The Price of Admiralty: The Evolution of Naval Warfare by John Keegan

John Keegan is an award-winning British historian and former lecturer at Royal Military Academy Sandhurst. The Price of Admiralty is his attempt to write about naval history, as Keegan is, in the words of a critical review by Wayne Hughes, a “landlubber.” He has researched and written extensively on ground combat, however he can still deliver in his explanations and descriptions of naval combat. The Price of Admiralty is as exhaustively researched as his other books and presents an accessible and valuable history of naval warfare from the perspectives of the combatants. Though British-centric, The Price of Admiralty can provide any reader with a better understanding of what naval combat is, how it feels, and how it has evolved over the centuries. 

Small Boats and Daring Men: Maritime Raiding, Irregular Warfare and the Early American Navy by Benjamin Armstrong

The core argument in Armstrong’s new book Small Boats and Daring Men is that irregular warfare at sea was critical to the success of the early American navy, and was quite common. Armstrong, a history professor at the United States Naval Academy, mixes well-known cases of irregular warfare, like those conducted against the Barbary Pirates, with lesser known but equally interesting cases like the U.S. naval expeditions to Sumatra. Small Boats and Daring Men is a fascinating study of 18th and 19th century maritime competition and conflict that may change the reader’s perspective on the age of sail and the history of the U.S. Navy. It also offers a historical basis for irregular littoral operations. 

Neptune’s Inferno: The U.S. Navy at Guadalcanal by James D. Hornfischer

The Marine Corps solemnly remembers the 1,592 Marines killed during the Guadalcanal campaign and the horrific fighting that ensued there. It is also quick to recall that the first month of the campaign was conducted largely without the support of naval forces, which were intended to support the troops on the ground. What is often forgotten is that during the operation U.S. and Japanese naval forces were relatively similar in strength, that the outcome of the battle at sea was far from certain, and a naval defeat would spell certain defeat on land. Hornfischer, with several other award-winning books about the U.S. Navy to his name, is well-versed in applying narrative history to naval storytelling. His work here provides ready and digestible insights into how naval- and land-based objectives became intertwined at the tactical and operational level of war and, in doing so, he gives the reader a critical retelling of this pivotal littoral battle so familiar to Marines, from the naval perspective.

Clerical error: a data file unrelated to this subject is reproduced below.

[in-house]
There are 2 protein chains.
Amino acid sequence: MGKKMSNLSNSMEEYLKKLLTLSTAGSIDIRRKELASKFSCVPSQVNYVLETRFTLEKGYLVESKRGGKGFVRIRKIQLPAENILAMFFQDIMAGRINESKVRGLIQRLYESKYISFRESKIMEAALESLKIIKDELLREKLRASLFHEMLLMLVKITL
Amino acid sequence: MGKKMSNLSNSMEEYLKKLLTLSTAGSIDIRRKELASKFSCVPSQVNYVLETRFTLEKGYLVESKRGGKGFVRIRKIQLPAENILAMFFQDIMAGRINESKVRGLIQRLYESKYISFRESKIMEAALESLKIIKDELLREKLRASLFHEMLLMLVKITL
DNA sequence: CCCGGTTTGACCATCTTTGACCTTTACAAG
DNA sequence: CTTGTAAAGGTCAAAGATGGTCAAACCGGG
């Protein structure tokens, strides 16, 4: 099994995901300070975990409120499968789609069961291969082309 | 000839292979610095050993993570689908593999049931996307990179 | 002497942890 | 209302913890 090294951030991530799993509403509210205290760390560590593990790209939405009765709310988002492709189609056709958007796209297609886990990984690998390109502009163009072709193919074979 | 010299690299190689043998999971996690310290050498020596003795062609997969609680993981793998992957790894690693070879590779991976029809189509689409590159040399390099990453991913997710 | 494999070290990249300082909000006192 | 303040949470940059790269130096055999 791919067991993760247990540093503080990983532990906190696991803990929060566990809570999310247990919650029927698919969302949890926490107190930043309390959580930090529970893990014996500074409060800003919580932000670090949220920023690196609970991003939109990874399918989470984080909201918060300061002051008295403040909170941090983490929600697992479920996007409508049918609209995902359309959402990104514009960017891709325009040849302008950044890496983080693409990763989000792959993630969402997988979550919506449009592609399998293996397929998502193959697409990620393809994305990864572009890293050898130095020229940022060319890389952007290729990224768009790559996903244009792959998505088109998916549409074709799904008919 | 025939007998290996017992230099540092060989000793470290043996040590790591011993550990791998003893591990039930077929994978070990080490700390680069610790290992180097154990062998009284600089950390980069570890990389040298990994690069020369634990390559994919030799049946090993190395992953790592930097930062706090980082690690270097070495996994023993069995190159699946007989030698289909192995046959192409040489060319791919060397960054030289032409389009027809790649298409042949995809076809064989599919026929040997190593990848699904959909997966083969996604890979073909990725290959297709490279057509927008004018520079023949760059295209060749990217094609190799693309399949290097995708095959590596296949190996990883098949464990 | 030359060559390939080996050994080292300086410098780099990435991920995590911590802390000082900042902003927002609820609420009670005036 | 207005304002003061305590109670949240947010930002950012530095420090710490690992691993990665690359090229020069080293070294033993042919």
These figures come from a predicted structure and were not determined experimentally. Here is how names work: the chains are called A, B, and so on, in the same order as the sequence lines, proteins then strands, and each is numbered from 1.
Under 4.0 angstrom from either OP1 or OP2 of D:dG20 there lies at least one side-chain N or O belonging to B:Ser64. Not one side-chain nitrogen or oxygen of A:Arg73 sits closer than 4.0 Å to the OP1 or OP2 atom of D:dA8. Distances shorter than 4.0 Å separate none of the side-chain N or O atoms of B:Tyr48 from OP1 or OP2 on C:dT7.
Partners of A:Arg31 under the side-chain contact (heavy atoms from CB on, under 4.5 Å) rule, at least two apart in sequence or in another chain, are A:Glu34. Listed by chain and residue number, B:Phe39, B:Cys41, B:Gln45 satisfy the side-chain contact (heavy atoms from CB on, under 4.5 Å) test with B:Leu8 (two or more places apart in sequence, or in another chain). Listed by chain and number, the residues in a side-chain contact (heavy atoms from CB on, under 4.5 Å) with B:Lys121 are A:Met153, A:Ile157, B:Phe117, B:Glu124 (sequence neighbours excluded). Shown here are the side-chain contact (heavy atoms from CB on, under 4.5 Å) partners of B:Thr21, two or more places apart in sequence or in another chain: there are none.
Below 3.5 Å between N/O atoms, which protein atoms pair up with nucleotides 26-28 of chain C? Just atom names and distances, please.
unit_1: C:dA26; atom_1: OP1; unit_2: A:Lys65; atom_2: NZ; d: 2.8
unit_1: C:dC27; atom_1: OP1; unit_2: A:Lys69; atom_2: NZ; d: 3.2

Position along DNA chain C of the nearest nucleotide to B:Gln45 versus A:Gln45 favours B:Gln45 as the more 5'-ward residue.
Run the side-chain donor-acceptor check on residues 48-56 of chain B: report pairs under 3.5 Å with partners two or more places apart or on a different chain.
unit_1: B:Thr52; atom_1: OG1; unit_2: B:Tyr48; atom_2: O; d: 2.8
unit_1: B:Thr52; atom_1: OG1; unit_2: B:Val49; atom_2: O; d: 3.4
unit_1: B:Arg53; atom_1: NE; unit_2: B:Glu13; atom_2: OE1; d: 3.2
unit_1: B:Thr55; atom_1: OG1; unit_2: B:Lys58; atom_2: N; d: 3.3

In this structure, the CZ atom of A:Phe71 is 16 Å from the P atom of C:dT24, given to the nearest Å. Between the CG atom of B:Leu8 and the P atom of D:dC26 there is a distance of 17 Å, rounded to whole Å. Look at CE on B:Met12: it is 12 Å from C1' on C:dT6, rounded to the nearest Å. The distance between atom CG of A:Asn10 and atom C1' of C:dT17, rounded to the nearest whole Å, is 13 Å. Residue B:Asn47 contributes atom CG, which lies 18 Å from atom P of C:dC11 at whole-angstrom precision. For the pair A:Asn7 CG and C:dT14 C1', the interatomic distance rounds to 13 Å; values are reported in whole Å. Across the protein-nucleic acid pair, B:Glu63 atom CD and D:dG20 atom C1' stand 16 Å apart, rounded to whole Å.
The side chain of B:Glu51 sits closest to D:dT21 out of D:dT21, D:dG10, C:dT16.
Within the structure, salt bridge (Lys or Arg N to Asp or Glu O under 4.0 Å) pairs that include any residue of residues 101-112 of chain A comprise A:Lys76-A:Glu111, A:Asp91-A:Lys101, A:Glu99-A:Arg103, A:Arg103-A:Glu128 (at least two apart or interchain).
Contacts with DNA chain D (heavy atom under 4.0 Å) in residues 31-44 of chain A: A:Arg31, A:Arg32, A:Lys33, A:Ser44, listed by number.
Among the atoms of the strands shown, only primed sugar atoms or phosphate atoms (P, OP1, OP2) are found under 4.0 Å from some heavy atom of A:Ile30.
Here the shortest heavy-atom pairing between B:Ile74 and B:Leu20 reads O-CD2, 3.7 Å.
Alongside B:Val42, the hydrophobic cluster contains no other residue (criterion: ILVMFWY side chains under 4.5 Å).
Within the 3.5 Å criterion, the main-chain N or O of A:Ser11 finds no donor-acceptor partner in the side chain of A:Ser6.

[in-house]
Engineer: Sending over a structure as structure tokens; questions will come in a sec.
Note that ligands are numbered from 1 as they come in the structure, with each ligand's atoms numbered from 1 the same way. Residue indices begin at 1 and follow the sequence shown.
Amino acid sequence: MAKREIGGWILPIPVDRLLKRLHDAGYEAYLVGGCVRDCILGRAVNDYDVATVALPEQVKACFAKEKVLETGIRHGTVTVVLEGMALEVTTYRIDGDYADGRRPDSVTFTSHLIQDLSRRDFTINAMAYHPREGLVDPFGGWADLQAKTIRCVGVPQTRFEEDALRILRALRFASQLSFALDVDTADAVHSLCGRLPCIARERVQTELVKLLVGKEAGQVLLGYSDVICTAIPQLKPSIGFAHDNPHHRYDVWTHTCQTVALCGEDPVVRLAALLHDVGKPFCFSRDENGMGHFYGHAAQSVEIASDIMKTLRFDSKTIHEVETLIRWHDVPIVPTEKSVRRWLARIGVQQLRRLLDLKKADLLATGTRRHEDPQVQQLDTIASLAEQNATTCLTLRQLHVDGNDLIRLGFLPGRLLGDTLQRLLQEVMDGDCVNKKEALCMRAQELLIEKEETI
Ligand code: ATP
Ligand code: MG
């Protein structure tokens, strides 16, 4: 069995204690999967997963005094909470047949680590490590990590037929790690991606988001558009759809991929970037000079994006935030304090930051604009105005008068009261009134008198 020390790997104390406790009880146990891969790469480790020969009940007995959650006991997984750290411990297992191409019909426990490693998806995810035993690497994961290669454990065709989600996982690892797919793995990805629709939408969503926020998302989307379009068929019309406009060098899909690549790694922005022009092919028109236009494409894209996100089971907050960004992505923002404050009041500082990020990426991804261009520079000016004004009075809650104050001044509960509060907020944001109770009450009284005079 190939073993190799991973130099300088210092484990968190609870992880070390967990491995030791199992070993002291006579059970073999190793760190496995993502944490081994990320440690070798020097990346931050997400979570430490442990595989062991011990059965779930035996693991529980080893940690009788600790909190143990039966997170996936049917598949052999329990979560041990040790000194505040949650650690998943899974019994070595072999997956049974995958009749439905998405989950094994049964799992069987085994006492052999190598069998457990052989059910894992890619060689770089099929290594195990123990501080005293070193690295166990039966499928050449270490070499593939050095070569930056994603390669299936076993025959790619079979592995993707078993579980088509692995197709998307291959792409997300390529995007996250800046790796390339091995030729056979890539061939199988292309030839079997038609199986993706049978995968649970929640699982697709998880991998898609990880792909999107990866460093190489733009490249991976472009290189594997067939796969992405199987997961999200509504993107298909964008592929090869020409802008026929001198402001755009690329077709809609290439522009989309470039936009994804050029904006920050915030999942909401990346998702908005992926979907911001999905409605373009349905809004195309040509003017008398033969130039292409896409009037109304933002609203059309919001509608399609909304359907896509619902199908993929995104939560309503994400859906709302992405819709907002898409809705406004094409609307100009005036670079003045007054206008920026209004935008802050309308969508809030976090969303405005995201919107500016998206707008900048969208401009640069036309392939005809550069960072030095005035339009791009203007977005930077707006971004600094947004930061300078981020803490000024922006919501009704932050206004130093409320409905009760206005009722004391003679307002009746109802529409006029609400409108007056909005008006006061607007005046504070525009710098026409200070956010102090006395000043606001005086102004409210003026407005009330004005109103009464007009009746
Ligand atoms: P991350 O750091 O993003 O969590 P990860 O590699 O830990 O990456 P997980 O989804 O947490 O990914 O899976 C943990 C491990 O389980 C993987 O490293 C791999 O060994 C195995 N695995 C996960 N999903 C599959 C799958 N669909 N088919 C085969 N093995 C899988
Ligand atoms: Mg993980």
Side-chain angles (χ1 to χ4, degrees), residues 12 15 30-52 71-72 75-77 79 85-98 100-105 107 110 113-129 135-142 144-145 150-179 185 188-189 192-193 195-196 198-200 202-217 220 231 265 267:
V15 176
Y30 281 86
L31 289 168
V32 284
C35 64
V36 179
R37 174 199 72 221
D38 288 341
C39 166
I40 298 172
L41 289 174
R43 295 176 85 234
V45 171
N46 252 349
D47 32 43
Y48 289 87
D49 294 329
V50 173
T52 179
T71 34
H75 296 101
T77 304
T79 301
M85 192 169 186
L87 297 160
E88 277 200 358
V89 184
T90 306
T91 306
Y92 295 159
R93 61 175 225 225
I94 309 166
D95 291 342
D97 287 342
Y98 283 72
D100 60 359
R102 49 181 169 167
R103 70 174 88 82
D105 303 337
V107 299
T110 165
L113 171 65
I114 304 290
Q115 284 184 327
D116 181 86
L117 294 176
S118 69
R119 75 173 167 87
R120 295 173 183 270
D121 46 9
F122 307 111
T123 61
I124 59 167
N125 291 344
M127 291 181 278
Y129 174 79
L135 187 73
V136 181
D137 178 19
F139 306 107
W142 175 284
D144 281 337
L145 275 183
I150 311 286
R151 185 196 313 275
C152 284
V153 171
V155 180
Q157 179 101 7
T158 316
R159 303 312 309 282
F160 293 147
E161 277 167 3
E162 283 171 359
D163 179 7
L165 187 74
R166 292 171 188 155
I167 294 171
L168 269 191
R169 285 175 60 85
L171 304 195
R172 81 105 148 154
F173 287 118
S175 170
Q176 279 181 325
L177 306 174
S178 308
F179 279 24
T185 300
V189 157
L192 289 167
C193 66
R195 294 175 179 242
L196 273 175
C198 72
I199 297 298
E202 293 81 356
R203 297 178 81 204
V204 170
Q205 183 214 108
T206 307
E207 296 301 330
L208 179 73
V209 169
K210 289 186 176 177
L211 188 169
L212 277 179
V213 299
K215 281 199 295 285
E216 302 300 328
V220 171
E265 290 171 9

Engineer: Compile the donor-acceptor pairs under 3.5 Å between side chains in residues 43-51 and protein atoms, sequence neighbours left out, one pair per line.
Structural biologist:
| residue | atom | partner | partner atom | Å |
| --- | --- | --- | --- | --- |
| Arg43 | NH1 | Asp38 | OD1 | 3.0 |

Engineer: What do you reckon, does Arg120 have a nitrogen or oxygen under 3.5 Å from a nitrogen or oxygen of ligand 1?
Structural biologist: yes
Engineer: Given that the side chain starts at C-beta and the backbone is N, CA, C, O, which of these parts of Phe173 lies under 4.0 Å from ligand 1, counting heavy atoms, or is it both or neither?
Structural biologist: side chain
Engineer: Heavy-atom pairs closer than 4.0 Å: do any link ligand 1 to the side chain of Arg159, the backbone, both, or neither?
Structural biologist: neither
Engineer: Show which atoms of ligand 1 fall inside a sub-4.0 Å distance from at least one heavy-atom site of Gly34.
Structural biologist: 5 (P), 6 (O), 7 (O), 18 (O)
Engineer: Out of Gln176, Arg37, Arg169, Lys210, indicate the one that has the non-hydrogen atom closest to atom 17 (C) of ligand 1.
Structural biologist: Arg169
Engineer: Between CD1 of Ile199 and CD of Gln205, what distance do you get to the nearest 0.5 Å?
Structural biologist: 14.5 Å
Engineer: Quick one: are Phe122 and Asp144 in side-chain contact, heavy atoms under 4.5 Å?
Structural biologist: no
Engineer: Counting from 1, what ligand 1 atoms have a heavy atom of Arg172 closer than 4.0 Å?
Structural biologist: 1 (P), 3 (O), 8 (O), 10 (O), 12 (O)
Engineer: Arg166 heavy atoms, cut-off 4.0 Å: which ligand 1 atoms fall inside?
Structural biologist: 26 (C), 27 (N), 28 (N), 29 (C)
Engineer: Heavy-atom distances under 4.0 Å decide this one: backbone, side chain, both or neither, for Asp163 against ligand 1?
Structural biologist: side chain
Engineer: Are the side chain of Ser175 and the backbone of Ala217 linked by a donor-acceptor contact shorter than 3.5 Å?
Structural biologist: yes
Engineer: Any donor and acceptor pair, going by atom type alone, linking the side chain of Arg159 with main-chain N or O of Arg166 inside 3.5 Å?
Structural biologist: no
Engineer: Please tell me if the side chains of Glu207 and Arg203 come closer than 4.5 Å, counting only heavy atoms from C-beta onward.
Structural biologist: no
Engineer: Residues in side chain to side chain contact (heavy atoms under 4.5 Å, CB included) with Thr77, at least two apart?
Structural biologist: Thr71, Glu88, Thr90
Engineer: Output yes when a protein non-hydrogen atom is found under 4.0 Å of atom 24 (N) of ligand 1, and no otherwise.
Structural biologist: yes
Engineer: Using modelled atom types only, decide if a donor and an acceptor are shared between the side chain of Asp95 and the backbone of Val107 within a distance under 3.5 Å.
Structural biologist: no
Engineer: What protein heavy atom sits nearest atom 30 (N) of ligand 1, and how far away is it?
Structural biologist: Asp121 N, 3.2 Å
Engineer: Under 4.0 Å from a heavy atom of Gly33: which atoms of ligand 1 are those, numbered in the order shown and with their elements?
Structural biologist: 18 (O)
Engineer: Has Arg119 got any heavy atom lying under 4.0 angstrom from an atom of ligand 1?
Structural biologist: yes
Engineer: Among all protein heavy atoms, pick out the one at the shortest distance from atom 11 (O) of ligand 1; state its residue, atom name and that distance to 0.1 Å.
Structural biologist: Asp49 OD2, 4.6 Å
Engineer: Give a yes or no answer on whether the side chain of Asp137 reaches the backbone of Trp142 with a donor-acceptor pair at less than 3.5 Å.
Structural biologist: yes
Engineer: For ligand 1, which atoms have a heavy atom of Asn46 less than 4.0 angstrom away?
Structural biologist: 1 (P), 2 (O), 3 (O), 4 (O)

There are several other outstanding histories of the Solomons Campaign and Guadalcanal that are worthy mentions, including Ian W. Toll’s Pacific Crucible, Joseph Wheelan’s Midnight in the Pacific, and Richard B. Frank’s Guadalcanal: The Definitive Account

One Hundred Days: The Memoirs of the Falklands Battle Group Commander by Patrick Robinson and Sandy Woodward

The Falklands War is the best case of a “modern” amphibious battle. Fought over islands in the South Atlantic between the United Kingdom and Argentina, the Falklands campaign is frequently referred to as a case study on how modern naval combat works. Much of the weaponry and tactics used in the Falklands are still standard today, and the war saw joint forces on both sides fighting maritime campaigns, including amphibious operations. The reader can learn many lessons from Woodward – the British task force commander. His memoir is frank and he candidly discusses his successes and mistakes. A careful reader would also do well to note the changes in naval warfare and the operating environment over the last four decades so as to not get caught in the trap of fighting the last war.

There are several other worthwhile studies of the Falklands War including The Official History of the Falklands Campaign by Sir Lawrence Freedman, a professor at King’s College in London, and Battle for the Falklands by journalists Max Hastings and Simon Jenkins. 

Red Star Over The Pacific: China’s Rise and the Challenge to U.S. Maritime Strategy, Second Ed. by Toshi Yoshihara and James R. Holmes

In Red Star Over The Pacific, Holmes and Yoshihara provide a much-needed update to their original 2013 edition. Yoshihara and Holmes are China and maritime strategy experts – Holmes is currently the J. C. Wylie Chair of Maritime Strategy at the U.S. Naval War College, and Yoshihara formerly held the John A. van Beuren Chair of Asia-Pacific Studies at the Naval War College and is now a senior fellow at CSBA. Their book outlines the massive growth in capability and size of China’s naval forces in a way that is straightforward to understand, and they also cover the implications of Chinese naval force development and the way it impacts and compares to the U.S. Navy. Fascinating and current, the book is also a warning to the reader to take competition and potential conflict in the Pacific seriously, as the authors make clear just how important naval power has become to Chinese grand strategy.